By April 8, 2008 Read More →

Lee I. Levine. “Judaism from the Destruction of Jerusalem to the End of the Second Jewish Revolt: 70-135 C.E.” Part II

Bar Kokhba LetterExcerpted from Christianity and Rabbinic Judaism- a Parallel History of their Origins and Early Development. Ed. Hershal Shanks. Washington D.C.- Biblical Archaeology Society, 1993.

Jewish nationalist aspirations

The academy at Yavneh devoted itself politically to a policy of rapprochement and cooperation with Rome and religiously to the implementation of the necessary readjustments in ideology and practice so that Jewish life might thrive and develop in the post-Temple era. But a very different movement was operating elsewhere in Judea. In certain circles, Jewish nationalist aspirations were far from squelched by the defeat at the hands of Rome. While most Jews clung to the vague hope that somehow, sometime, Jerusalem would be reclaimed and the Temple rebuilt, there were others who continued to nurture the dream of obliterating (or at least drastically curtailing) Roman rule in Judea. The Second Jewish Revolt against Rome, also known as the Bar-Kokhba revolt of 132–135 C.E., was the political and military expression of this dream. 63

Unfortunately, our knowledge of this revolt—the events leading up to it, its leadership and the succession of events during this three-and-a-half-year period—is woefully sparse and fragmentary. In contrast to the two other major Jewish revolts in antiquity—the Maccabean, or Hasmonean, uprising against the Seleucids in 166 B.C.E. and the First Jewish Revolt against Rome in 66 C.E.—no historical account describes the background and progress of the Bar-Kokhba revolt. Nothing comparable to 1 and 2 Maccabees, which chronicles the Maccabean uprising, or Josephus’The Jewish War, which gives an extraordinarily detailed account of the First Jewish Revolt, exists for the Bar-Kokhba revolt. All that has been preserved are scattered references in later pagan, Christian and Jewish sources.

Quite recently, archaeology has been able to contribute new evidence, offering us a greater understanding of certain aspects of this revolt. However, the coins, papyri, milestones, caves and fortresses dating from this period that have been uncovered by archaeologists fall far short of providing a comprehensive or coherent picture. And without a substantial literary source to offer an adequate context for these finds, it is often difficult to draw firm historical conclusions. 64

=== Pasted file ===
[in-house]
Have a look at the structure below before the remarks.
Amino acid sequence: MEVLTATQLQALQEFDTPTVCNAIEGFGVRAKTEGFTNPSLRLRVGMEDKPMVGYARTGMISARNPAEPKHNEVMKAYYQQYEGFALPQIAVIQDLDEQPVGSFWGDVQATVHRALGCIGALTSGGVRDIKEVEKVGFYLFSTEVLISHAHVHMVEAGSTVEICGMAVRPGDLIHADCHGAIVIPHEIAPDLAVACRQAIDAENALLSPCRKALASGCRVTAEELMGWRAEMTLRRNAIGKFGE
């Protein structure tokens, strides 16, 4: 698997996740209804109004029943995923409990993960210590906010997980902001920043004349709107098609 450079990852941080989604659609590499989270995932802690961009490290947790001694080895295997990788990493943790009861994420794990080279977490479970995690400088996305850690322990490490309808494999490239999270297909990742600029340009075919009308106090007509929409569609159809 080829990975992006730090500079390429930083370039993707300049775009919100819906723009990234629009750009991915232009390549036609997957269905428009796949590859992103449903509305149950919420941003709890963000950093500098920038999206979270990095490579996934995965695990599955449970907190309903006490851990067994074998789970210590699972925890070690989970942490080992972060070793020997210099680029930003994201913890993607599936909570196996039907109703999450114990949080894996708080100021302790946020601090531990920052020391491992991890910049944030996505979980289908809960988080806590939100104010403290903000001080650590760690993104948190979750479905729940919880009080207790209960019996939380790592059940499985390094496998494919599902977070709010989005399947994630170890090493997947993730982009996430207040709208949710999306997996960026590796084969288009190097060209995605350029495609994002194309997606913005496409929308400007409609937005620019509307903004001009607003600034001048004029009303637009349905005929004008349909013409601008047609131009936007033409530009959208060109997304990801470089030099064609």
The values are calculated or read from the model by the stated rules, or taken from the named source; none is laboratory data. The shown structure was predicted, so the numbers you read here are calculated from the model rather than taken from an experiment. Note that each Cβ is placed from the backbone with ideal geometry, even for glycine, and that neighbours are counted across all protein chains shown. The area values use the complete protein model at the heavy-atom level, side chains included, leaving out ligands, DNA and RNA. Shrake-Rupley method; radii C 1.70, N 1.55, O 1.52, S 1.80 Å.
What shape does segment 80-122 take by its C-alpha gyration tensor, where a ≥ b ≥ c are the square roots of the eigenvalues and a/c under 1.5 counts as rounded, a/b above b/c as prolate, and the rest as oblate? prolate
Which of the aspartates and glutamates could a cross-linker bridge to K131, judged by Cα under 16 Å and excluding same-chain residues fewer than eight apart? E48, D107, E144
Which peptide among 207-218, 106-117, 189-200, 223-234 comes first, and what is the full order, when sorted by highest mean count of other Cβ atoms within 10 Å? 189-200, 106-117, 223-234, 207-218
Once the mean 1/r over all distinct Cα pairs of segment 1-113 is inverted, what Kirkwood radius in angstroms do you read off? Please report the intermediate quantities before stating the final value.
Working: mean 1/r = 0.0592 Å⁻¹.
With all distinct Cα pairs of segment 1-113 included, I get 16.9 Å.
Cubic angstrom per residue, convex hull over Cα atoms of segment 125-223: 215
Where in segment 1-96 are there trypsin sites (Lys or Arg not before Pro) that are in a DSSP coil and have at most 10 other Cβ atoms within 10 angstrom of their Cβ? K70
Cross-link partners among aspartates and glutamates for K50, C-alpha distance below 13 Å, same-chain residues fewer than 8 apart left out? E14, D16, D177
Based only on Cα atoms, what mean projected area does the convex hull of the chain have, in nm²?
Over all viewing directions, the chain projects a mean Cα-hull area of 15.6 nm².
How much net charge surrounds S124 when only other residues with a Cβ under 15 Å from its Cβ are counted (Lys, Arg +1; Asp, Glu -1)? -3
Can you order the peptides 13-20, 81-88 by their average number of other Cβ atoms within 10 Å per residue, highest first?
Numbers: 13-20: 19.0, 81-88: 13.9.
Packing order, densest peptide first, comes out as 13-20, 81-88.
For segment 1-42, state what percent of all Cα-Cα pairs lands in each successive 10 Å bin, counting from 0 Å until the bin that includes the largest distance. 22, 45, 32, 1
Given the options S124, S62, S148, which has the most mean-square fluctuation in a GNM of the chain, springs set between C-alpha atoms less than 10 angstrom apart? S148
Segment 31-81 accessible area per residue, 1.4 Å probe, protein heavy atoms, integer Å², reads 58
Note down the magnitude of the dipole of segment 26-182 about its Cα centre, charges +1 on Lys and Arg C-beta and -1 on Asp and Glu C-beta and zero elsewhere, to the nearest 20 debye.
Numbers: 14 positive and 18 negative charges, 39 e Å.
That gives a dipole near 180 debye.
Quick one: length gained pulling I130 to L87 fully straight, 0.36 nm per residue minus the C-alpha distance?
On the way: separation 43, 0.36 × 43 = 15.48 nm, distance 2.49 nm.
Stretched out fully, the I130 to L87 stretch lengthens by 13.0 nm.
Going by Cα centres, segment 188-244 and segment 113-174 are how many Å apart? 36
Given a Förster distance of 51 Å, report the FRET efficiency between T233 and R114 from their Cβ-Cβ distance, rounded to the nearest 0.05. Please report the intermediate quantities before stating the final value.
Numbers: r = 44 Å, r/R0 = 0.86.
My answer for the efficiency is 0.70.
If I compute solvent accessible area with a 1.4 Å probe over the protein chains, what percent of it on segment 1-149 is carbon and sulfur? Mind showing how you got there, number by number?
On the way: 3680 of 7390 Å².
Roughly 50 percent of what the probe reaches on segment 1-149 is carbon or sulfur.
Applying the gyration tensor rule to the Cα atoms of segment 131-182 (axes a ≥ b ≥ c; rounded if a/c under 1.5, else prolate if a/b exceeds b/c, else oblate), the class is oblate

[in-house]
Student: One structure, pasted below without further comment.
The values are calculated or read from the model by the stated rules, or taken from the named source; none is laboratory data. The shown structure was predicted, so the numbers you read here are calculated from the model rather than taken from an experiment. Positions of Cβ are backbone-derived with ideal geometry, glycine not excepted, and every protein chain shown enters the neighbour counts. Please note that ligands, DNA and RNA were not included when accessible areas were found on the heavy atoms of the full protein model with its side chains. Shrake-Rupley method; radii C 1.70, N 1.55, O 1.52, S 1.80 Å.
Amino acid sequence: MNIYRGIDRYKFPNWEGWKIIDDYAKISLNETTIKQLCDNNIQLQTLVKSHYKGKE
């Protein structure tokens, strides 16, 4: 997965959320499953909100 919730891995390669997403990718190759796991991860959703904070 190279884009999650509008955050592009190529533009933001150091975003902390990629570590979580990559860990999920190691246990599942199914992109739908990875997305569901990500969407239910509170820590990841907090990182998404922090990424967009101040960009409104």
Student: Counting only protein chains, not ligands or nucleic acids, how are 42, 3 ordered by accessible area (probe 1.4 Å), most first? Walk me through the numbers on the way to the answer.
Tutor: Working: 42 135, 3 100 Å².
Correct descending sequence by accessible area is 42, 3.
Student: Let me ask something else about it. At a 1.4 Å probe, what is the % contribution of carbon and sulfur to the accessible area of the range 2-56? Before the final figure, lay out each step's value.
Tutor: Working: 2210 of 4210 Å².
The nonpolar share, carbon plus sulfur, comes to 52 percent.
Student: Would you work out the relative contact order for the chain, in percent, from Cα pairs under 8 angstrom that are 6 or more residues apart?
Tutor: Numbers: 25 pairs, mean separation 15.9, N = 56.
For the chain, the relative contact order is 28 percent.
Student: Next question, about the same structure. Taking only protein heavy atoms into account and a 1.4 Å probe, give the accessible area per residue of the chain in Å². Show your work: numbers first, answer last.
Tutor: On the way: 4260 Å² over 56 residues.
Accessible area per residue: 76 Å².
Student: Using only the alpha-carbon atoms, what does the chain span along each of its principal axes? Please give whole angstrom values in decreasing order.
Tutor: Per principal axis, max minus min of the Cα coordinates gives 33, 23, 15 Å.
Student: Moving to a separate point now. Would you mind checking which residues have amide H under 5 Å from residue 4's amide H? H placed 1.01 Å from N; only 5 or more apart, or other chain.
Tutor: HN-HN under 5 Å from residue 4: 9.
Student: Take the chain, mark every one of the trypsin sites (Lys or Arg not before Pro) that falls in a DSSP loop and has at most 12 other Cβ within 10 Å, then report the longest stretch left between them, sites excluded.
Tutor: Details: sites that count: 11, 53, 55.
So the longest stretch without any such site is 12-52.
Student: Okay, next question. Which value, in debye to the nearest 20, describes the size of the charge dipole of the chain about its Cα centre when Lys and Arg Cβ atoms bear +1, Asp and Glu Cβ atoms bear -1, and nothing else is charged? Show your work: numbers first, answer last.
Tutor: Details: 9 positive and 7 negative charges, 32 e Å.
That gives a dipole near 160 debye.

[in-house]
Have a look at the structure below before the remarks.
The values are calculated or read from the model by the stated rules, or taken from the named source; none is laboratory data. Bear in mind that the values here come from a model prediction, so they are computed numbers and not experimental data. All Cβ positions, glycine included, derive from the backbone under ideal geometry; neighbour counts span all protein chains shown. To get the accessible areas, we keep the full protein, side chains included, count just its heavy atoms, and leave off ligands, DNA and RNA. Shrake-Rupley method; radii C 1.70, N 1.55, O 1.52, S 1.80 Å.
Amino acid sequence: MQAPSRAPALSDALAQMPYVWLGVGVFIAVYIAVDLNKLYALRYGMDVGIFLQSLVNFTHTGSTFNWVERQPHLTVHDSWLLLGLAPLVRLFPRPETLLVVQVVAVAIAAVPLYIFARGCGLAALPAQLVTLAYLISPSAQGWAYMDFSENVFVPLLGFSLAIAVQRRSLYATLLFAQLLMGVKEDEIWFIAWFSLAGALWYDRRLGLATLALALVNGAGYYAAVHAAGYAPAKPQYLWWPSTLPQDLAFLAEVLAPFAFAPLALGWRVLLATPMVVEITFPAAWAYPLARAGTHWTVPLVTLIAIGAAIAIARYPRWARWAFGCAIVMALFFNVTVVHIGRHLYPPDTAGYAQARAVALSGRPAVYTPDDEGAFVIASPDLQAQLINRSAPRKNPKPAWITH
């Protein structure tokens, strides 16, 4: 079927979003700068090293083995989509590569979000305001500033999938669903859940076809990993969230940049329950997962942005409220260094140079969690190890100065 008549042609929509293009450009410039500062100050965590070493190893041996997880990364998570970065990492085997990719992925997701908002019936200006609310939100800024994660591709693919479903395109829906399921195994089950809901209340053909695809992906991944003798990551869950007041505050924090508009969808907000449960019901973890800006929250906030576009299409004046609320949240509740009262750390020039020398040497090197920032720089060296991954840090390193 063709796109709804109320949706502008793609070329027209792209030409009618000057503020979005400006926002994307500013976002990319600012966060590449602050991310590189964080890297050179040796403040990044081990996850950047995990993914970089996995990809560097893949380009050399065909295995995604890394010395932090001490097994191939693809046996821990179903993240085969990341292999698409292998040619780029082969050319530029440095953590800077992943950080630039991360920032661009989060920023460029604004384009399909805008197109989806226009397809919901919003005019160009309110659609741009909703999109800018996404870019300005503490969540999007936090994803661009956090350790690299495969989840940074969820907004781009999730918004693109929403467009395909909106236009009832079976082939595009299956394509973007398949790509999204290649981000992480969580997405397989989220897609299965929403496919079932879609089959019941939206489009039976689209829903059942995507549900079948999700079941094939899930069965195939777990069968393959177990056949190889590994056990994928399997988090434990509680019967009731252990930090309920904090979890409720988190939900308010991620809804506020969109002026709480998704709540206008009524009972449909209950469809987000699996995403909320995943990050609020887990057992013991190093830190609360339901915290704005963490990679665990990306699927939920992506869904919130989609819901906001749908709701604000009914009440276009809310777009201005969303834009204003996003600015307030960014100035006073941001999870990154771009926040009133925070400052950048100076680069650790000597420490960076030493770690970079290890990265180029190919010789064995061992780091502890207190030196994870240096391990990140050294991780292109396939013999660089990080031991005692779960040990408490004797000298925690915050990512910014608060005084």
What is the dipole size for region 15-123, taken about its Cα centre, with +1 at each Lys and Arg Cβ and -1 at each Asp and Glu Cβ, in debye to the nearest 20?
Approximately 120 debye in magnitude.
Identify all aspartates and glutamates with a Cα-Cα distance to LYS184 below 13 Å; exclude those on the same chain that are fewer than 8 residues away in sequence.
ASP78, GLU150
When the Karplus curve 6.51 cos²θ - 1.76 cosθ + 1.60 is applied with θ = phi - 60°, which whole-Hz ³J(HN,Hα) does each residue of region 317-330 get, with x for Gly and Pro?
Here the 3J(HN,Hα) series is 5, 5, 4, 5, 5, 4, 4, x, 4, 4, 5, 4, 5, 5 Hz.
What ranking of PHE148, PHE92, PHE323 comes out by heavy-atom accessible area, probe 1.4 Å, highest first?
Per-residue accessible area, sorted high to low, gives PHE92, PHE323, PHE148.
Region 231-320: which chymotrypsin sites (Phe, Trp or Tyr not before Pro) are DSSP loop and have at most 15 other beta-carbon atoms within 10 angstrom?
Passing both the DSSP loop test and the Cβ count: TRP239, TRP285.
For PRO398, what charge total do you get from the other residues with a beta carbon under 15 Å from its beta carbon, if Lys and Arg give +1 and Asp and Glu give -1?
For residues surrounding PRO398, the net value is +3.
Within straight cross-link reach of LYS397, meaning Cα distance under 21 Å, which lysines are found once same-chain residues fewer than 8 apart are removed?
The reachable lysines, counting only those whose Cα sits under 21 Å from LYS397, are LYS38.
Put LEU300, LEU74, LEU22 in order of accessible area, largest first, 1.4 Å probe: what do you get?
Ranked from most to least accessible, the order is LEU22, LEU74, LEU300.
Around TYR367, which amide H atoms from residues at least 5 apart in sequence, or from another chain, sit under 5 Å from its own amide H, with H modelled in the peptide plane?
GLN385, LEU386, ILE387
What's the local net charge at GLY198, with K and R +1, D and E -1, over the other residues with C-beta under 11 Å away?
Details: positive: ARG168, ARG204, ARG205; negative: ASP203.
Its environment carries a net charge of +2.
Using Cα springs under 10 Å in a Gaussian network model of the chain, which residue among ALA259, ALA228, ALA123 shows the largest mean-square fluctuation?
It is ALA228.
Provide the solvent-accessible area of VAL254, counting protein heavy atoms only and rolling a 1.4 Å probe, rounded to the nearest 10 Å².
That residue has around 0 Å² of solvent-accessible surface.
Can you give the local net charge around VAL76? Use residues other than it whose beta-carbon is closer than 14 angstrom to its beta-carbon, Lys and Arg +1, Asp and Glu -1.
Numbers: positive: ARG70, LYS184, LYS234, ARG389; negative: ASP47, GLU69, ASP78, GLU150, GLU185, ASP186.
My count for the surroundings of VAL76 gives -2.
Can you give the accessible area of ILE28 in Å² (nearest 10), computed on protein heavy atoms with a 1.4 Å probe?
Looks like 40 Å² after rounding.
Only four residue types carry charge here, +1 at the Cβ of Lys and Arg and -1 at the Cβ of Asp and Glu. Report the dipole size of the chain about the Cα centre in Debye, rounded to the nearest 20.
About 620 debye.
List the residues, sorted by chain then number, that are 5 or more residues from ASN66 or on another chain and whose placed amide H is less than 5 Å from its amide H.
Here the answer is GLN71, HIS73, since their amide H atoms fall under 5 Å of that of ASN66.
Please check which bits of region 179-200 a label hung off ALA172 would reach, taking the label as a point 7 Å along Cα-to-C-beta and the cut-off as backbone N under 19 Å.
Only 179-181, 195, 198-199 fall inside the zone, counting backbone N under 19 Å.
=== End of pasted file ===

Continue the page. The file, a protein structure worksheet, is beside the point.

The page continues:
Nevertheless, the new archaeological discoveries as well as recent reevaluation of the surviving literature have enabled us to correct—or at least challenge—some of the old assumptions about the Bar- Kokhba revolt. Until relatively recently, scholars have assumed that the entire province of Judea and most Jews living there were mobilized and actively supported the Bar-Kokhba revolt. This view is based on highly exaggerated accounts that magnified the suffering, tragedy and loss of life during the revolt. 65 Later rabbinic tradition adopted a generally critical attitude toward Bar-Kokhba—referring to him as Bar Kosba (Son of Lies);* it sought to discredit him and to demonstrate the futility of armed rebellion.

Similarly, the Church Fathers saw the Bar-Kokhba revolt as a futile attempt to restore the Jewish independence that had been taken away by God as punishment for the Jews’ denial of Jesus. Even the Roman historian Dio Cassius greatly exaggerated the scope of the violence, thereby enhancing the significance of the Roman victory; he speaks of the destruction of some 50 fortifications and 985 villages and the loss of 585,000 lives! 66

All these claims notwithstanding, there is practically no description of hostilities except in southern Judea (the biblical area of Judah). The archaeological material clearlycorroborates this picture. All remains of the Bar-Kokhba revolt, whether coins, caves of refuge, papyri or fortifications, have been found in that region. The Galilee, the second major area of Jewish population at thetime, remained virtually untouched by the devastation of the revolt and thus was able to assume a position of leadership as it absorbed refugees from the southern part of the country after the hostilities ended. The messianic nature of Bar-Kokhba’s leadership has also been called into questionrecently. There is no doubt that the revolt was under the leadership of one Simeon bar Kosba, known to us as Bar-Kokhba.

This is clear not only from the literary sources, but also from archaeological evidence. The coins and papyri (which record the name and title of Simeon bar Kosba) recently found in the Judean wilderness reflect a strong and unified leadership throughout the course of the revolt. Bar-Kokhba issued directives in a variety of matters ranging from religious and ritual concerns to taxation and military discipline. This situation, with Bar-Kokhba in clear command, stands in marked contrast to the First Jewish Revolt against Rome, which was characterized by anarchy among the Jewish forces and the lack of any overall planning or leadership before or during the revolt.

It is true that Rabbi Akiva, a leading figure at the Yavneh academy, hailed Bar-Kokhba as the messiah, but it is difficult to tell whether this belief was widespread. It may be that this was the view of Rabbi Akiva and his circle, not necessarily of the sages in general or of the people at large—or even of Bar-Kokhba himself. On his coins he called himself Nesi Yisrael (patriarch, or head, of Israel). The term has no overt messianic implications.